image 1.png

Cap – Shape, skin, disc, margin, texture, degree of removability

Flesh – Texture, color, durability or fragility

Veil or Ring (Annulus) – If present, note color, location on stem, durability

Partial veil – color, location; solid membrane or cortina

Hymenium = spore producing surface. Gills, soft or hard pores, angular, radially elongate, daedaloid, maze-like, round, veined folds, color, staining or discoloring

Spore color – Light or dark

Stem (stipe) – Shape, color, texture, durability, breakability

Stem context (inside) – solid, stuffed, hollow

Base – Equal, bulbous, clavate, tapered at base or apex, compressed with volva

Mycelial strands – Color, consistency, density, rhizomorphs present or not

Smell – None, asphalt, turpentine, honey, maple syrup, burnt sugar, parsley, old gym socks, maraschino cherries

Taste – None, mild, bitter, sweet, acidic, etc.

Attachment to substrate – Sessile or stipitate

Substrate – on living or dead wood, wood chips, soil, moss, leaves, needles, under what trees

MUSHROOM CAP (Pileus) = Umbrella shape cap above a supporting mushroom stem. Supports the gills.

cuticle = cap skin, sometimes it is removable

pellicle = thin layer of skin covering cap (typically gelatinous) and often removable to some extent

peleipellis = outer surface or skin of cap

disc = center of cap

depressed = navel-like so that the center is below the margin

umbo = central raised knob or mound

umbilicate = having a belly-button central depression

umbonate = having a raised central knob or mound

image 3.png


campanulate = bell-shaped

conchate = shaped like a bivalve shell

conic = cone-shaped

convex = curved, rounded

depressed = central disc

flabilliform = shaped like a fan

infundibuliform = vase-shaped

multipileate = having more than one cap (e.g., Polyporus umbellatus)

plane = flat surface at maturity

plicate = resembling a folding fan 

image 4.png


opaque = dull, lacking shine

glabrous = smooth, bald, absence of fibrils, scales, etc.

mollis (mollusks) = smooth, soft

rugose = wrinkled

corrugated = coarsely wrinkled

granulose = covered in small granules

appressed = pressed closely against but not united with

repent = prostrate

zonate = cap surface marked with concentric bands of color

azonate = lacking zones

concentric = having a series of ringed zones

canescence = hoary pale down

fibers, fibrils = threadlike mycelial filaments or fibers

sericeous = silky

silky-fibrillose = tiny silky fibrils

floccose = covered with tufts of loose cottony scales

furfuraceous = sand-like particles covering surface

hirsute = covered in stiff hairs

pruinose = pale bloom on cap like powdery white dust

pubescent = covered with soft, short downy hairs

squamules = small scales

squamose = covered in scales

squamulose = covered in tiny scales

recurved = scales curved upward or downward

decurved = downward bent scales

tomentose = wooly

subtomentose = finely wooly

villose = having soft, long hairs

tubercles = wart-like projecting knobs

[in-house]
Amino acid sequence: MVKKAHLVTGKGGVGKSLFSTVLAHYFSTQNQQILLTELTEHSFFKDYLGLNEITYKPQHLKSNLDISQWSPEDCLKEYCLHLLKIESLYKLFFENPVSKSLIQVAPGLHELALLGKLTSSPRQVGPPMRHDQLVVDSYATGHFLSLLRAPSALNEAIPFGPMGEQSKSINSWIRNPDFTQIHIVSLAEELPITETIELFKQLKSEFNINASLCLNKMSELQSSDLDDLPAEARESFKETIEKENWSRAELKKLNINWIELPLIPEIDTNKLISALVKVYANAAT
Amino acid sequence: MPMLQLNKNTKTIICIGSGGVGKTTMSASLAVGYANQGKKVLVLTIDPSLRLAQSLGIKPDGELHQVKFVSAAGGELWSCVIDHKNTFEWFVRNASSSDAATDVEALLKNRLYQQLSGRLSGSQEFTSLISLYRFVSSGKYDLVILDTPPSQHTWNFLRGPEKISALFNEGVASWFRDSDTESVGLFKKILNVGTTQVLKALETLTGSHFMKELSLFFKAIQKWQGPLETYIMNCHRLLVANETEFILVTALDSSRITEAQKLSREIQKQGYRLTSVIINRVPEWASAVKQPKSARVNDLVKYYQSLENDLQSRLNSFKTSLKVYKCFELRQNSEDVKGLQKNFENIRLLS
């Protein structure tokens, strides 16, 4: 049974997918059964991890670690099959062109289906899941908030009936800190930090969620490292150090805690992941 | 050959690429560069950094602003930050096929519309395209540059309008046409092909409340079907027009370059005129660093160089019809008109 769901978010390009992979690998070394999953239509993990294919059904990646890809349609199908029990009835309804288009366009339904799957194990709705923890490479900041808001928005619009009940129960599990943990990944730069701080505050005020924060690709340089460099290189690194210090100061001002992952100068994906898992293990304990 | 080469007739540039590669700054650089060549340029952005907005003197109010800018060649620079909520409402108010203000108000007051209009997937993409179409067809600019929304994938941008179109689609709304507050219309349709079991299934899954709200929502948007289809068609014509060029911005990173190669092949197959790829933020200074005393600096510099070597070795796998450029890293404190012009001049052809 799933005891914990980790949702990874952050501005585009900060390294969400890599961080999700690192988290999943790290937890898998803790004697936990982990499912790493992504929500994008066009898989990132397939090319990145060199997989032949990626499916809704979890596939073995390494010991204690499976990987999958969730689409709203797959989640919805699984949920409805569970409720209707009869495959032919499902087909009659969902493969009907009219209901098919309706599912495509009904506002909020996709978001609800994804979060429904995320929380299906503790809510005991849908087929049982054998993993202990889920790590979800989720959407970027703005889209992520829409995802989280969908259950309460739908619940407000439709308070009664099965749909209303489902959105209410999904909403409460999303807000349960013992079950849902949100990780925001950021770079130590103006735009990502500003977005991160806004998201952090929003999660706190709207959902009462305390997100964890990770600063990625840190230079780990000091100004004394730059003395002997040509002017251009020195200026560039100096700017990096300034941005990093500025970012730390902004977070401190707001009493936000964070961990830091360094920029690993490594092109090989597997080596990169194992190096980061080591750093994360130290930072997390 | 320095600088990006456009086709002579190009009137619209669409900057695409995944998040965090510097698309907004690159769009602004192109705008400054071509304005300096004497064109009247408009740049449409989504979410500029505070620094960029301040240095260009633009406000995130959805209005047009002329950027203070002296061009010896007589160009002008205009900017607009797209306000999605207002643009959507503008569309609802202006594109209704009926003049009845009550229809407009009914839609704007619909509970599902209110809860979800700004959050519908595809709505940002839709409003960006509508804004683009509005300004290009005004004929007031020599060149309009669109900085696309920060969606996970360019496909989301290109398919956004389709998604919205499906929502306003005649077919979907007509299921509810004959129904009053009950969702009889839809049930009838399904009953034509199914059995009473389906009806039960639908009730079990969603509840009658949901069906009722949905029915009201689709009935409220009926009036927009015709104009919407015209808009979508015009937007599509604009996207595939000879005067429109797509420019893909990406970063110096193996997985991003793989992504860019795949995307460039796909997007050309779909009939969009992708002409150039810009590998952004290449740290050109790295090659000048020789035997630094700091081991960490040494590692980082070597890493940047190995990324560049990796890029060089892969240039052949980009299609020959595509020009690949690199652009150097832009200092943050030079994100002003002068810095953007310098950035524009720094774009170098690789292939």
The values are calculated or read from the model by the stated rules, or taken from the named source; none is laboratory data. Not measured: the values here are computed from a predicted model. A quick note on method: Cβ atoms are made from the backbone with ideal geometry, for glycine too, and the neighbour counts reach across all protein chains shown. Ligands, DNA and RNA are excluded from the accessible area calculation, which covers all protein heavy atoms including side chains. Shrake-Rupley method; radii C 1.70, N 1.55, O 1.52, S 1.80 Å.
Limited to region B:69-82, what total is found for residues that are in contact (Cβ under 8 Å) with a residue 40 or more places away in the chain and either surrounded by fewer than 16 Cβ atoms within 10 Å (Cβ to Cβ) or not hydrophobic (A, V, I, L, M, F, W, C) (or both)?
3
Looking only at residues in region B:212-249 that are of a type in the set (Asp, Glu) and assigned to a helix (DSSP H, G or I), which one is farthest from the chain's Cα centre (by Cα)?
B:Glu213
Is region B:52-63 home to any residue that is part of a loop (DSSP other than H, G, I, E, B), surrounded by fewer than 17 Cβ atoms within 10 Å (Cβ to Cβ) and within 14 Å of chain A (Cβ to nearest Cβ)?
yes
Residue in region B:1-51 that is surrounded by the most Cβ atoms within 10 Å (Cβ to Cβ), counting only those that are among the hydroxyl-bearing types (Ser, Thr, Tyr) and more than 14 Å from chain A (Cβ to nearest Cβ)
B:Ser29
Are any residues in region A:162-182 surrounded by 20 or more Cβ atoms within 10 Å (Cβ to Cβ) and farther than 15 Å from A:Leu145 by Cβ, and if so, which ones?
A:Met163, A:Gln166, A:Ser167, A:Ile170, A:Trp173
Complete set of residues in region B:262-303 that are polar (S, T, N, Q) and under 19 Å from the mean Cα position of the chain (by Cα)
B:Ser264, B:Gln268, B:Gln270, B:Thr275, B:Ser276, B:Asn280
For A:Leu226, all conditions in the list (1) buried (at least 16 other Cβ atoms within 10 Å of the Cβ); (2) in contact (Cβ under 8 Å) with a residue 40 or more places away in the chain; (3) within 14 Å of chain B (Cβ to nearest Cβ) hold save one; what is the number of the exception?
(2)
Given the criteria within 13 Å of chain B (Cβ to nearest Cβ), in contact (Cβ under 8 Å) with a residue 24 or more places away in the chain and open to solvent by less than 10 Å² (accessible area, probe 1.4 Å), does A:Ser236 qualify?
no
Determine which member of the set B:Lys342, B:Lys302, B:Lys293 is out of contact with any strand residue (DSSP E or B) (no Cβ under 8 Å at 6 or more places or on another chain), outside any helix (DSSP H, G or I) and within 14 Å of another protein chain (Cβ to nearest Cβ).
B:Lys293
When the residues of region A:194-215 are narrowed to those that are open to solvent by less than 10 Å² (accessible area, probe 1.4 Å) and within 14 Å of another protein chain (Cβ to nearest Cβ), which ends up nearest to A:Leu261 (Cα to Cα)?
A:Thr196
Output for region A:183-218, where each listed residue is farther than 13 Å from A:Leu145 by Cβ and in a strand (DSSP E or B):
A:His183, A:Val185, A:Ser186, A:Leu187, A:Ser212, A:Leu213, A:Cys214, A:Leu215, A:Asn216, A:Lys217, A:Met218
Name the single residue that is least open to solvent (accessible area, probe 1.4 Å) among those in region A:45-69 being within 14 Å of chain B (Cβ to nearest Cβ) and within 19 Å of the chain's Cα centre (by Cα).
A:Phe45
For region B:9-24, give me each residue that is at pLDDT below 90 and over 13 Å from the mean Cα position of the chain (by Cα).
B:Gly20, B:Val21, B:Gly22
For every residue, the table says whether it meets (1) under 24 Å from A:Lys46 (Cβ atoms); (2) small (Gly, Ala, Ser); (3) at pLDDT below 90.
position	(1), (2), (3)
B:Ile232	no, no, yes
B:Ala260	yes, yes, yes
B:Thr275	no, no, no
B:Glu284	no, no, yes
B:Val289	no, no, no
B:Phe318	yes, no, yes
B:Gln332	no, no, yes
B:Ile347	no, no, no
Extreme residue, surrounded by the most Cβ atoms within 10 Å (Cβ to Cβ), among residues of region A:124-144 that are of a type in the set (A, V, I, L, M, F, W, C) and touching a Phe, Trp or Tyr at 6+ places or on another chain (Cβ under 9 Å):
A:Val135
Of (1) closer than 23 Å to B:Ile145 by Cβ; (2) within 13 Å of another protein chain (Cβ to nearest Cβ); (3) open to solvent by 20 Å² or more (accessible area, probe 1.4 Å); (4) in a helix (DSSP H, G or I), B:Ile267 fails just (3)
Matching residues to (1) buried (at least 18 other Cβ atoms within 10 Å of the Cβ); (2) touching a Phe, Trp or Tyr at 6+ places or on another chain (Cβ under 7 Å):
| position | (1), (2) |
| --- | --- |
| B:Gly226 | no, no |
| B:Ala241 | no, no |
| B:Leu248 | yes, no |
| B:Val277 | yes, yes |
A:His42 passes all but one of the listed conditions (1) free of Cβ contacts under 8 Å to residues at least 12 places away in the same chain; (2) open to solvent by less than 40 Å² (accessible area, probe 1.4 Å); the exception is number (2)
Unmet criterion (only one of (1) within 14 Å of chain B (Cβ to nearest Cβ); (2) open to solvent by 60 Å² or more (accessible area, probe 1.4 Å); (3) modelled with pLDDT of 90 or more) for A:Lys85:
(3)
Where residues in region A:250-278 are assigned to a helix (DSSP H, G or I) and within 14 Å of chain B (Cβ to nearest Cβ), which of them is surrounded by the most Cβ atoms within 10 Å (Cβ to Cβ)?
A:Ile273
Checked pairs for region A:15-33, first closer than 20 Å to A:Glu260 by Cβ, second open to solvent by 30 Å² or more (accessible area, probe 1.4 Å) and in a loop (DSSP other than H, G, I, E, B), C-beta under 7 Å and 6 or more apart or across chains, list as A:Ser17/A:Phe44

setiform = bristle-shaped

pyramidal warts = pyramid-shaped warts

virgate = streaked with fibrils

gelatinized = jelly-like consistency

glutinous = viscid or slimy gelatinous layer

lubricous = smooth and slippery

viscid = sticky or slimy (at least when moist)

subviscid = slightly tacky or sticky

hygrophanous = color of cap appears soaked with water and translucent when wet and more opaque when dry

areolate = broken small patches separated by cracks in pellicle 

rimose = tiny cracks or crevices

mottled = blotched or spotted with different colors or streaks

autodigestion = self-digesting/liquefying (e.g., Coprinus comatus)


margin = outer edge of cap

incurved = margin turning inward

involute = inrolled margin

appendiculate = hanging remnants of partial veil on cap margin

fimbriate = finely torn or fringed

furrows = narrow grooves in margin

lacerated = torn or shredded

sulcate = deeply furrowed

striate = cap with fine radiating lines or furrows at cap margin

radially striate = minute striations or furrows radiating from cap center

translucent-striate = visible striations on thin translucent marginal tissue showing gills

translucent-sulcate = visible striations and deep grooves in margin



context = mass of hyphae between the cap pellicle and the fertile layer of gills, teeth, pores. The "meat"

trama = flesh or context of a mushroom’s cap, gills and stem


HYMENIUM = fertile spore-producing/bearing tissue of a fungus

gills = spore-bearing plates or blade-like structure of tissue under cap

tubes = cylindrical spore-bearing structures of polypores and boletes

pores = outer growing layer of tubular openings of polypores and boletes, tube mouths

tubes = cylindrical spore-bearing structures of polypores and boletes

pore shape = irregular; maze-like or labyrinthine, round, angular, radially elongate

boletinoid = elongated and radially arranged pores; structure between pores and gills;

ridges/veins = (e.g, Cantharellus sp.)

hydnoid = dentate = teeth

coralloid = resembling corals

gasteroid = "stomach" fungi, enclosed spores within the fungus for most of its development

image 5.png

GILLS = spore-bearing plates of tissue

lamella, lamellae = gill, gills

adnate = broadly attached to stem

adnexed = narrowly attached to stem

emarginate = notched at point of attachment to stem

sinuate = wave-like gill attachment